The numbers of polluting plastic beads commonly found in everyday face scrub have been revealed by scientists.
Researchers at Plymouth University found that each time facewash is used, 94,500 “microbeads” can be released into the oceans.
The small plastic balls, also found in toothpaste, are too small to be filtered out by sewage systems before they reach rivers and seas. They are then eaten by marine life.
“It can be hard to convey in words how small these beads are and how many are released by one wash,” Richard Thompson, Professor of Marine Biology at the university, told The Sunday Times.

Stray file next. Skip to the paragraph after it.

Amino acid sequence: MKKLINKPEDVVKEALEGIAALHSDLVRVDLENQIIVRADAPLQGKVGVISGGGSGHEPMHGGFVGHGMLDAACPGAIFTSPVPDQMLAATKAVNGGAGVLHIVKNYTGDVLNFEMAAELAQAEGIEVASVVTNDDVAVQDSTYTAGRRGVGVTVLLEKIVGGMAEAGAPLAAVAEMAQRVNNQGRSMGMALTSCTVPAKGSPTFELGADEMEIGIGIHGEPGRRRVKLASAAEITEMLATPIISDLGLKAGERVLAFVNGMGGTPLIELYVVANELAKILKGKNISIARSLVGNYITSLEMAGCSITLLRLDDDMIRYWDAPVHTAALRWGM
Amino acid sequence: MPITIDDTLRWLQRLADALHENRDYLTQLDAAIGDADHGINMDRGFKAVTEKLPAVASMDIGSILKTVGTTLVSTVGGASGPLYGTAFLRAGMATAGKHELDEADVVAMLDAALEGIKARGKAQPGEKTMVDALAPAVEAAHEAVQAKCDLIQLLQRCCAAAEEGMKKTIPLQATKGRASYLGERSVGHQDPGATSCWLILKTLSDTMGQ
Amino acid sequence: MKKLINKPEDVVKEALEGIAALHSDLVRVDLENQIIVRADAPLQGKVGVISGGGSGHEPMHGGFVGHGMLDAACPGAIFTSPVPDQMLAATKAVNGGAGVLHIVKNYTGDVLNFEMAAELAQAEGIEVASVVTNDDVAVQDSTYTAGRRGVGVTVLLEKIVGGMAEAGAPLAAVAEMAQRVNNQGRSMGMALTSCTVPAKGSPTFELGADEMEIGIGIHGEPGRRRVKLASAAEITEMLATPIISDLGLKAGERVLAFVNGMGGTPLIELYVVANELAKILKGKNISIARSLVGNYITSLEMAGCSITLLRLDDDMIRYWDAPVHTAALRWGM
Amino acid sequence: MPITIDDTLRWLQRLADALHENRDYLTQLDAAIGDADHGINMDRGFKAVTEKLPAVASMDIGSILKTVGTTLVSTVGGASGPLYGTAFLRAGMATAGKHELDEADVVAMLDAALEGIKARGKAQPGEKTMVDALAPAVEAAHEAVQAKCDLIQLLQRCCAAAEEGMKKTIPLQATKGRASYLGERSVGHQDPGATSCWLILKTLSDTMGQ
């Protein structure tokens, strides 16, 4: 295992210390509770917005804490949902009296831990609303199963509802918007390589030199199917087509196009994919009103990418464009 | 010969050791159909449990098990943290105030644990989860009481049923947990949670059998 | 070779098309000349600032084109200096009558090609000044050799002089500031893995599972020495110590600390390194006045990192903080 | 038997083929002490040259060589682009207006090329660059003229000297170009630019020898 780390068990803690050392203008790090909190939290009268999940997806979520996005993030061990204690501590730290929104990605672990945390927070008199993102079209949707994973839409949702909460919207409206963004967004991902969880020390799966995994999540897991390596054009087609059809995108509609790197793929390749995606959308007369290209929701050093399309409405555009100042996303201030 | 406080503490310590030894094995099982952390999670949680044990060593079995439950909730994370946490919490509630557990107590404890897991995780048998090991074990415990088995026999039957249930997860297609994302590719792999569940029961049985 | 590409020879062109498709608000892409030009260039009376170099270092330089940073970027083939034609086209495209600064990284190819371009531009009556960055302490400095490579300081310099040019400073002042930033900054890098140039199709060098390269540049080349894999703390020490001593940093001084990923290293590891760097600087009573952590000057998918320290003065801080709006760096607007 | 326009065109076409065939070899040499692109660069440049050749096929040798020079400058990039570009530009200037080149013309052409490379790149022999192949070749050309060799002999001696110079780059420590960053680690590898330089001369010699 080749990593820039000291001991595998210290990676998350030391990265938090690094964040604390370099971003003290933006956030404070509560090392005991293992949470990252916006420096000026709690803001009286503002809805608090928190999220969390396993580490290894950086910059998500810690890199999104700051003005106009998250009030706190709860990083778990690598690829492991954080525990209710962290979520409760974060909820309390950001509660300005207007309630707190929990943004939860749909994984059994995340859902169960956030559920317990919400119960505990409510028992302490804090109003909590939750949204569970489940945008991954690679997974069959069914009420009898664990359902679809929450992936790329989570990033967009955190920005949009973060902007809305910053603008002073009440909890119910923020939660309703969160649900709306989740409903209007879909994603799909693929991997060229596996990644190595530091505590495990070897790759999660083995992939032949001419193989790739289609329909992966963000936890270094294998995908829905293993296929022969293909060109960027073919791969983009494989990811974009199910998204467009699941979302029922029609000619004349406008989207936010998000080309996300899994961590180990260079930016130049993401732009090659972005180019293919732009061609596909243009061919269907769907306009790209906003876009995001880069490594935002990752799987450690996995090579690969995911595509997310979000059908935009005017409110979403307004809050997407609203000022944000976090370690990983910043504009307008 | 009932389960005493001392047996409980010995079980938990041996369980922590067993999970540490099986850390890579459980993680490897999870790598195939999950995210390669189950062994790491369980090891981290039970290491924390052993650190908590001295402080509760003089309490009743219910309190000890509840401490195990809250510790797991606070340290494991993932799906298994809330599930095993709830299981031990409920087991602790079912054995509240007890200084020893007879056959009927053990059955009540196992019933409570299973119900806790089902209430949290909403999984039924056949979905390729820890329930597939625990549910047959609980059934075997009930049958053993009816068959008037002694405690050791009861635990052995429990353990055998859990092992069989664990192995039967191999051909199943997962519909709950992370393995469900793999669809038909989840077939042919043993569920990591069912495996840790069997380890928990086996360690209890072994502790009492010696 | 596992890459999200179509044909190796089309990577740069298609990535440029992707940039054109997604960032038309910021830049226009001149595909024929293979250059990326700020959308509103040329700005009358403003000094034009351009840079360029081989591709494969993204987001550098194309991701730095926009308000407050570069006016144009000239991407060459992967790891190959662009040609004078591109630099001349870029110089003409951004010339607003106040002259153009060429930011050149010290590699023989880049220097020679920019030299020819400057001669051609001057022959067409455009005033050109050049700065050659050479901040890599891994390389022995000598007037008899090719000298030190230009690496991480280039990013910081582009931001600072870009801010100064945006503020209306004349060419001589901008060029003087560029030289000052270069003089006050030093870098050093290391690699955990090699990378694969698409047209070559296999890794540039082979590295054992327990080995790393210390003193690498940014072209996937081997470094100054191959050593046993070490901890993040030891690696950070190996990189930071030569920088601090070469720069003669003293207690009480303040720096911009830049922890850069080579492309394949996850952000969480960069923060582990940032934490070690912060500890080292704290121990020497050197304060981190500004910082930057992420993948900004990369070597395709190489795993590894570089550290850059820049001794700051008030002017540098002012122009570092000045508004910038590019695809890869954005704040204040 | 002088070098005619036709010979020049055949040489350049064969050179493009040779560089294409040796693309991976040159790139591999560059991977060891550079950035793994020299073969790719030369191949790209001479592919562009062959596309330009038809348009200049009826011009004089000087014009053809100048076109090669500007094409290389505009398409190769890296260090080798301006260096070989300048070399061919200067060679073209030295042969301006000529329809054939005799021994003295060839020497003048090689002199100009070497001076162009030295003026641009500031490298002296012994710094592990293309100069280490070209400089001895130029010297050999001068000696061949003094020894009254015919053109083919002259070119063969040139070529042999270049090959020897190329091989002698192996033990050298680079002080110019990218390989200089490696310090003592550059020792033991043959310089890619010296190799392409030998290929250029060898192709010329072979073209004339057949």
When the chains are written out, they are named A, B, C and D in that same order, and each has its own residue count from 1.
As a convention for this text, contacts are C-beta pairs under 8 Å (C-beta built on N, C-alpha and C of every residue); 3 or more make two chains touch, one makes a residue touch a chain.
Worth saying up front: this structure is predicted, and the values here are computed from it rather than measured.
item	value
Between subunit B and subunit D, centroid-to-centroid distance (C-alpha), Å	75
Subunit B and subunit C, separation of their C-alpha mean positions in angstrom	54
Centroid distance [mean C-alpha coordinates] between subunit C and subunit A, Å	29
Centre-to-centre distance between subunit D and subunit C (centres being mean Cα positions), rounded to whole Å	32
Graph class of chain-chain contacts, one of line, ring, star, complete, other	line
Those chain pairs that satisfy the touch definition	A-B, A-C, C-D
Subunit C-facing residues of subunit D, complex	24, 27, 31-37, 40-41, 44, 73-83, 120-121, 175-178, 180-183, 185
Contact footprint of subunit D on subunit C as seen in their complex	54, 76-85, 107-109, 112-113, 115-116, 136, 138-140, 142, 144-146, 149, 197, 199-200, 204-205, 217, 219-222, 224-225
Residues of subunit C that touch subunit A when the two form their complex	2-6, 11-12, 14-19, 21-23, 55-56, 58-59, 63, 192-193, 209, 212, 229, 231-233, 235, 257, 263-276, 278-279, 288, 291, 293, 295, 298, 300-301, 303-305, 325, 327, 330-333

Microbeads are one of the fastest growing forms of marine pollution. Once eaten by one animal, they can travel up the food chain.
A petition by Greenpeace against the use of microbeads in products has been signed by more than 300,000 people.
“These plastics go straight down our drains and into the sea,” Louise Edge, from Greepeace, said in a statement.
“There they can cause serious harm to marine life by being eaten and leaching out toxic chemicals. They can even end up in the seafood on our plate – the health consequences of which are still unknown.”
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Already illegal in the US and Canada, Greenpeace are calling on the newly appointed Environment Secretary, Andrea Leadsom, to take a stand against microbeads.
“The UK Government has already said it agrees that a ban on microbeads is the right way forward,” Ms Edge said.
“Andrea Leadsom, has some big challenges ahead of her, but banning microbeads would be a simple and effective way to hit the ground running.”